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Claims vs Fact : First 100 days in Modi 2.0

Through a dedicated booklet (100 Days of Bold Initiatives and Decisive Actions) and press conferences across the country, the Bharatiya Janata Party (BJP) has launched a publicity blitz celebrating its achievements in the first 100 days of its return to power. But are the BJP’s claims and promises grounded in reality?

Answering this definitively just 100 days into a new government is difficult but data can at least provide useful context.

Claim 1: Automobile slowdown partly driven by changing millennial preferences

The biggest issue facing the government is India’s slowing economy. And at the heart of India’s economic slowdown has been a slump in the automobile sector. Passenger vehicle sales, which are an important indicator of domestic demand, have plummeted in recent months. In a press conference on Monday, Finance Minister Nirmala Sitharam suggested that part of the auto sector’s malaise comes from changing millennial preferences. “The automobile and components industry has been affected by BS6 and the mindsets of millennial, who now prefer to have Ola and Uber rather than committing to buying an automobile,” said Sitharaman.

But there is no evidence to support her contention. In fact, there is evidence to the contrary.

Most millennials would like to own a car with only a small proportion happy with Ola/Uber

% responses to “Are you planning to buy a new vehicle in the next one year?”

More than 80% of all millennials (aged 22 to 37) in urban India yearn for a personal vehicle, shows data from the first round of the YouGov-Mint Millennial Survey, a survey of 5,000 online Indians across 180 cities conducted in July 2018. There was virtually no difference in the propensity to buy cars between older millennials (aged 29-37) and the Gen X (38-53) generation, the survey showed. The propensity to buy cars was slightly lower among younger millennials but that has perhaps more to do with their lower incomes and savings than a disenchantment with cars.

Besides, the auto slowdown has now extended to commercial vehicle sales, indicating that firms which buy such vehicles to transport goods are expecting subdued sales in the near future. Ridership in car-hailing services such as Uber and Ola have also stagnated. Beyond automobile sales, several other indicators of economic activity have also lost momentum in recent months, as Mint’s Macro Tracker has regularly highlighted. Beyond automobile sales, several other indicators of economic activity have also lost momentum in recent months, as Mint’s Macro Tracker has regularly highlighted.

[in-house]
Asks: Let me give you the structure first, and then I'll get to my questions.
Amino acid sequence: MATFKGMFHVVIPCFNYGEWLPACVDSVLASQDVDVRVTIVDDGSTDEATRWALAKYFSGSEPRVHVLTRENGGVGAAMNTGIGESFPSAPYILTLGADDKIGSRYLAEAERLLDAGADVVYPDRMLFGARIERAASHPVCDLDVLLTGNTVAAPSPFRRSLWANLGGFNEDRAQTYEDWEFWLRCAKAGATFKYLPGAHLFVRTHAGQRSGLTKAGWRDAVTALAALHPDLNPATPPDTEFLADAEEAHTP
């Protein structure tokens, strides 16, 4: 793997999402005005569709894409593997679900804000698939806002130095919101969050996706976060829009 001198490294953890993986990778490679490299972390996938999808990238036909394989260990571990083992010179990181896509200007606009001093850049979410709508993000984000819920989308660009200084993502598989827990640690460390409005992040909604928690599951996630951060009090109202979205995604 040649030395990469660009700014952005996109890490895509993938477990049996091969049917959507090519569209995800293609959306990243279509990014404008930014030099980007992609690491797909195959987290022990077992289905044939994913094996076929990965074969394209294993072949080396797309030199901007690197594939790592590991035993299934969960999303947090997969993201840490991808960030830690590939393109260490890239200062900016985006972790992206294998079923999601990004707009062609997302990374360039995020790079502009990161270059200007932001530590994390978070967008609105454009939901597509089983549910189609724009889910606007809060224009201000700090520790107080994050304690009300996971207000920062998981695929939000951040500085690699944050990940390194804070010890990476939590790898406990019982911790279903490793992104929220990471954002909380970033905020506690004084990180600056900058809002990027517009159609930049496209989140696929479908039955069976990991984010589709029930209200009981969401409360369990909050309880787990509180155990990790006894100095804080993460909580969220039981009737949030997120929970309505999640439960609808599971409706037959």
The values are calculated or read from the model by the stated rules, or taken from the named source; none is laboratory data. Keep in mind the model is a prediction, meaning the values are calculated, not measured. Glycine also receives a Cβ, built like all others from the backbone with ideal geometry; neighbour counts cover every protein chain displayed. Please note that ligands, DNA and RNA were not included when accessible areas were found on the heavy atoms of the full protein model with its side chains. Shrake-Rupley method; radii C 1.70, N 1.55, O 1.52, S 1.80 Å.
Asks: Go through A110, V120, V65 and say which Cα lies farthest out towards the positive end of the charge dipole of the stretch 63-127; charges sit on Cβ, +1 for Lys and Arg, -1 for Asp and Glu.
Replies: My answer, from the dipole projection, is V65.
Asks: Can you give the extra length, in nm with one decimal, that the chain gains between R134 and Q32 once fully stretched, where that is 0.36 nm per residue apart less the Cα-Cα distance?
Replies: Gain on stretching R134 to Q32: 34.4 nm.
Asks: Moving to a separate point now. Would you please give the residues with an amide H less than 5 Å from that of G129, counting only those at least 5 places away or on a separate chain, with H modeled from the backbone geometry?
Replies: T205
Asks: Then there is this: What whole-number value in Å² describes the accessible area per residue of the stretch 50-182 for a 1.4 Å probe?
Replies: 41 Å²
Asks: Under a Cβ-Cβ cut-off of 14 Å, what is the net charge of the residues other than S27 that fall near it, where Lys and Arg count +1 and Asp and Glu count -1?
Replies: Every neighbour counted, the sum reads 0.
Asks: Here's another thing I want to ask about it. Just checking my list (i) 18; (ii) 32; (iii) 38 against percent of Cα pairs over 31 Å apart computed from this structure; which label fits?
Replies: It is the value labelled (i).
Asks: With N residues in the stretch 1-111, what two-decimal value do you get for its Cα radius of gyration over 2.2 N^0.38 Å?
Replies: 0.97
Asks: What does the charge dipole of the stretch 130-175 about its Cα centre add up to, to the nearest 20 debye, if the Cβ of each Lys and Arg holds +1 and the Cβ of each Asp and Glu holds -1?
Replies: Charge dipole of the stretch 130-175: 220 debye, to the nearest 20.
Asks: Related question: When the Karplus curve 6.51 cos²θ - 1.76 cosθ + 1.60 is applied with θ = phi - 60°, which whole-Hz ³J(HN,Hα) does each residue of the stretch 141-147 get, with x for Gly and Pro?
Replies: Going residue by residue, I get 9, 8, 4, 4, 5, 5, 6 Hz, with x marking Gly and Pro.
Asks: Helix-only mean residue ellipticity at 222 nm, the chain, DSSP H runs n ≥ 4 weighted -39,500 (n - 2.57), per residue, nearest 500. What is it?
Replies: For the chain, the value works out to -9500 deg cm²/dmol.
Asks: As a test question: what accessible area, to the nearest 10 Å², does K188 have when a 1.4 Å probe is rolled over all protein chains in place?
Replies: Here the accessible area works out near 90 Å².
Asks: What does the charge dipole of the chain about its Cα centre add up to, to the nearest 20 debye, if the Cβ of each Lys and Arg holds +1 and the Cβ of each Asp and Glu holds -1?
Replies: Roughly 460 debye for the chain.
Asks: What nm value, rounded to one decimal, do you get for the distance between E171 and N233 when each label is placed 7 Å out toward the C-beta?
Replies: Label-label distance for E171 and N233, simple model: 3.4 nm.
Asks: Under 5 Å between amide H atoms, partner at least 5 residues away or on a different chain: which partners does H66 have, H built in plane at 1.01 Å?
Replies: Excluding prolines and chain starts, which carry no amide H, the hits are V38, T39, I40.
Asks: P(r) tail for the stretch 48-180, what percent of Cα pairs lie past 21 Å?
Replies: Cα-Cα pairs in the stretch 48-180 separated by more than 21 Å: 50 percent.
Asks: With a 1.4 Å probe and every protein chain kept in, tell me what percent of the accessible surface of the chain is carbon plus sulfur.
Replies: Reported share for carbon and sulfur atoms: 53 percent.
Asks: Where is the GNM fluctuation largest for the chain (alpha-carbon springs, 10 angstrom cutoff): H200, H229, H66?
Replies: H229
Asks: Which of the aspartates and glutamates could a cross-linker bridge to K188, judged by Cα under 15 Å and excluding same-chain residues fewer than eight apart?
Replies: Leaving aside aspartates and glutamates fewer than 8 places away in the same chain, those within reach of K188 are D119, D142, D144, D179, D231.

Claim 2: Building 1.95 crore homes by 2021-22

In its previous term, the BJP-led government invested significantly in rural welfare programs and has doubled down on such spending, setting a target of 1.95 crore homes by 2021-22.

Despite failing to meet previous targets, the BJP government has raised targets for rural house construction

Houses in million

But this target could be unrealistic. Between 2016-17 to 2018-19, a total of 84 lakh houses were constructed against the target of 1 crore houses. To meet the target of 1.95 crores in three years, around 65 lakh homes need to be constructed every year. This would mean construction would have to be 2.3 times faster in the coming years to meet the target even if one takes the official numbers at face value.

Claim 3: Connected 8 crore homes with LPG

Similarly, on LPG, the government has claimed that it has now connected 8 crores homes to LPG and has targeted delivering LPG to all rural households by 2022. According to official data, this target may be more realistic. Data from the petroleum ministry reveals that the government has ramped up LPG connections after returning to power (70 lakh households added just in the last quarter).

Since coming into power again, the BJP has continued rolling out PMUY quickly

PMUY beneficiaries in lakhs

Despite increased LPG connectivity, usage could remain an issue. A 2018 survey in six states had revealed that, though PMUY had improved access, 92% of all rural households with LPG connections did not use it as a primary fuel because of the cost of refills.



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